Kids & Company Blog

Sibling Rivalry and Our High Hopes for Two Brothers

When we found out we were having a second boy, my husband and I were pretty thrilled. There just seems something special about two boys roaming the world together, having each others’ backs and being good brothers.

Those of you laughing already see where this is going. Porter and Oscar are only 3 and 1, and already we’ve endured some pretty cutthroat behaviour. Oscar can tap into a terrifying bloodcurdling scream whenever his older brother comes within vicinity of HIS food or HIS toys or HIS piece of lint that he is playing with on the carpet. And Porter is no innocent victim. He once flat out attacked his brother with a viciousness normally reserved for when the Teenage Mutant Ninja Turtles battle Shredder (one of the many ways he tried to justify it). And it was a sad day when a hurt Porter announced he no longer wanted to be Oscar’s best friend.

Sibling rivalries abound in almost every family. I have an older sister and luckily we managed a pretty loving, cordial relationship. I think an age gap of four years, two very different personalities and the undeniable fact that she is the Best Big Sister Ever contributed to this (you might think yours is the best but you’re wrong). Still, we had our moments – but like the time we were in a screaming match and I slammed a door with glass panels that shattered and we banded together to clean up and explain away the damage to mom – we always landed in a good spot.

My husband and his younger sister took a while longer to land in a good spot. He admittedly had jealousy and a bit of a mean streak throughout their childhood, and he owes it all to her caring and laidback nature that they now have a great relationship.

So what is going on with sibling rivalry?

Alyson Schafer – therapist, author and internationally acclaimed parenting expert based out of Aurora, ON – has some answers. Alyson says that almost all sibling fights are a creative way to get parent attention. Think of the squeaky wheel. But there are ways to cure a squeaky wheel (take away the motivation to squeak) versus simply treating it (giving the attention they crave). Obviously you could also replace a squeaky wheel, but since this is an analogy about children I’ve left that option out (though like many parents I have contemplated it).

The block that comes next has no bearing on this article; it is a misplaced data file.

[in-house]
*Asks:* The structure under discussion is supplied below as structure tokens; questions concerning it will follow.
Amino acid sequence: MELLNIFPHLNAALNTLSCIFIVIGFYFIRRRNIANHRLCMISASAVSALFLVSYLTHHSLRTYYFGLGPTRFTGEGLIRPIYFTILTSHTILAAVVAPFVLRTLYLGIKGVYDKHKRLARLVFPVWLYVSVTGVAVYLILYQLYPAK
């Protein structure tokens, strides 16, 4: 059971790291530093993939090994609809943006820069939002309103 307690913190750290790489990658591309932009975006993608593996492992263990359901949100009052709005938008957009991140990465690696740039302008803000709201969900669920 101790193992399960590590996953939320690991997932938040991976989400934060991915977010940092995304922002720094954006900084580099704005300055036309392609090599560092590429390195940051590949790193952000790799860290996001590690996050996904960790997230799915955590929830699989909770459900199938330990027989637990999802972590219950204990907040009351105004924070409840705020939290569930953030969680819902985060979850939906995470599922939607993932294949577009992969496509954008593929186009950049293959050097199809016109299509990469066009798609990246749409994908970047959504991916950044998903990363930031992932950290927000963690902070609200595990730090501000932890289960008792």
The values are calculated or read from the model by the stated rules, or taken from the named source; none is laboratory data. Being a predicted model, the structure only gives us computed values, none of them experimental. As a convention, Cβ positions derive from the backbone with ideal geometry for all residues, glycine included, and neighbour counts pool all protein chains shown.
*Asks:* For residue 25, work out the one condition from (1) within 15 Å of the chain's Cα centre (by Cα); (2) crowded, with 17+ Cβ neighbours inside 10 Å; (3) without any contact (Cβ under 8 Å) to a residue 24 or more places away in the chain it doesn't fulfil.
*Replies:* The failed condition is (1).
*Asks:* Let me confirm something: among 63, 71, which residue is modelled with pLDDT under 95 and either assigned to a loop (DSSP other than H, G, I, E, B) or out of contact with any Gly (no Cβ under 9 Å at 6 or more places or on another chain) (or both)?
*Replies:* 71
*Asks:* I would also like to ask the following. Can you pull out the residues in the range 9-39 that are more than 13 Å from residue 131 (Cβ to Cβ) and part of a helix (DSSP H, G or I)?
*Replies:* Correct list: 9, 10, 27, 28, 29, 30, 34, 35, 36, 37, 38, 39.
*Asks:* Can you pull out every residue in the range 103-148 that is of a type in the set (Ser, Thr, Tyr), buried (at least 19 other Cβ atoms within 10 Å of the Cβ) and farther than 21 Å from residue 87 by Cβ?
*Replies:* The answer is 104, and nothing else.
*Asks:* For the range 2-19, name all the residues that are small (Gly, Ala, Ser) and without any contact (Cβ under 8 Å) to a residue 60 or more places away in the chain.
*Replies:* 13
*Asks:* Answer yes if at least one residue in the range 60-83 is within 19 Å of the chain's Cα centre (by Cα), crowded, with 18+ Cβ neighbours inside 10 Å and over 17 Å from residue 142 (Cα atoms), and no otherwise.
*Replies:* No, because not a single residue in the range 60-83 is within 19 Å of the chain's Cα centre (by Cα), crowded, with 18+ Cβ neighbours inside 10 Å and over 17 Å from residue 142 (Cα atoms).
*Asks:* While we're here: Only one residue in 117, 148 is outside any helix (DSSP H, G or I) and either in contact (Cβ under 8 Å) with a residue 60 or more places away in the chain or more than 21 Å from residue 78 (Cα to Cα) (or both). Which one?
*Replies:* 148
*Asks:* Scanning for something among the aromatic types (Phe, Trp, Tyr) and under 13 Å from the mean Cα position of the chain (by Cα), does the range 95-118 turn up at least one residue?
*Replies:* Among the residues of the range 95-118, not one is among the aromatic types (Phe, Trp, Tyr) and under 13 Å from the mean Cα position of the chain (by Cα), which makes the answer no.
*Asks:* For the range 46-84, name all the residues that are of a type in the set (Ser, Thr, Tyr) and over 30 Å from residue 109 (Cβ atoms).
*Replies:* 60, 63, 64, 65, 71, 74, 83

Alyson offers up some great tried and true approaches to manage sibling rivalry in her Savvymom.ca post. Here’s a brief overview:

  1. Ignore it – teach your children not to be squeaky. Make a conscious effort to recognize when they play nicely and tell them you like to be around them when they do. When they act up with each other, explain it’s not fun for you and leave. The kids doing it for attention will learn pretty quick that it backfires.
  2. Put them in the same boat – force them to work together. For example, if they fight over a toy they both lose it until they can agree on how to share it.
  3. Don’t compare – seems obvious but a common pitfall is to motivate through comparison. “Oscar ate his whole dinner, so why are you struggling to eat one bite and seem to have an unspoken agenda to go to bed hungry and crying to ruin the night of everyone in this household again?” Or something to that effect. Read more about our adventures in picky eating here.
  4. Listen without fixing – you can be empathetic but don’t get pulled into their business. “Sounds like you were sad that your brother took away that lint you were playing with. Here’s a hug. I know it’s hard but this is something you need to speak to Porter about, and if you can’t resolve the problem unfortunately mom gets the lint.” It’s not your job to make them get along. Force it to be theirs.
  5. Family meetings – hold regular meetings to provide a time to calmly address issues that can’t get sorted out in the moment. This is not about assigning blame or choosing discipline. It is a problem-solving exercise with all family members there to provide ideas and support.

Hoping these strategic approaches will work in our household as our boys get older and potentially more rivalrous (dictionary.com assures me this is a real word). We might never get back to our dream of best-buddy-brothers-forever-and-ever but I think there are great ideas here to support a healthy, dynamic and loving sibling relationship.

 

Melissa lives in Calgary and is the Community Marketing Manager for Kids & Company in Alberta and BC. Her vision of what she would be like as a mom was shattered three years ago when she discovered nothing ever goes as planned for parents, but laughter and community sees you through. You can reach her at msawatzky@kidsandcompany.com.

 

 

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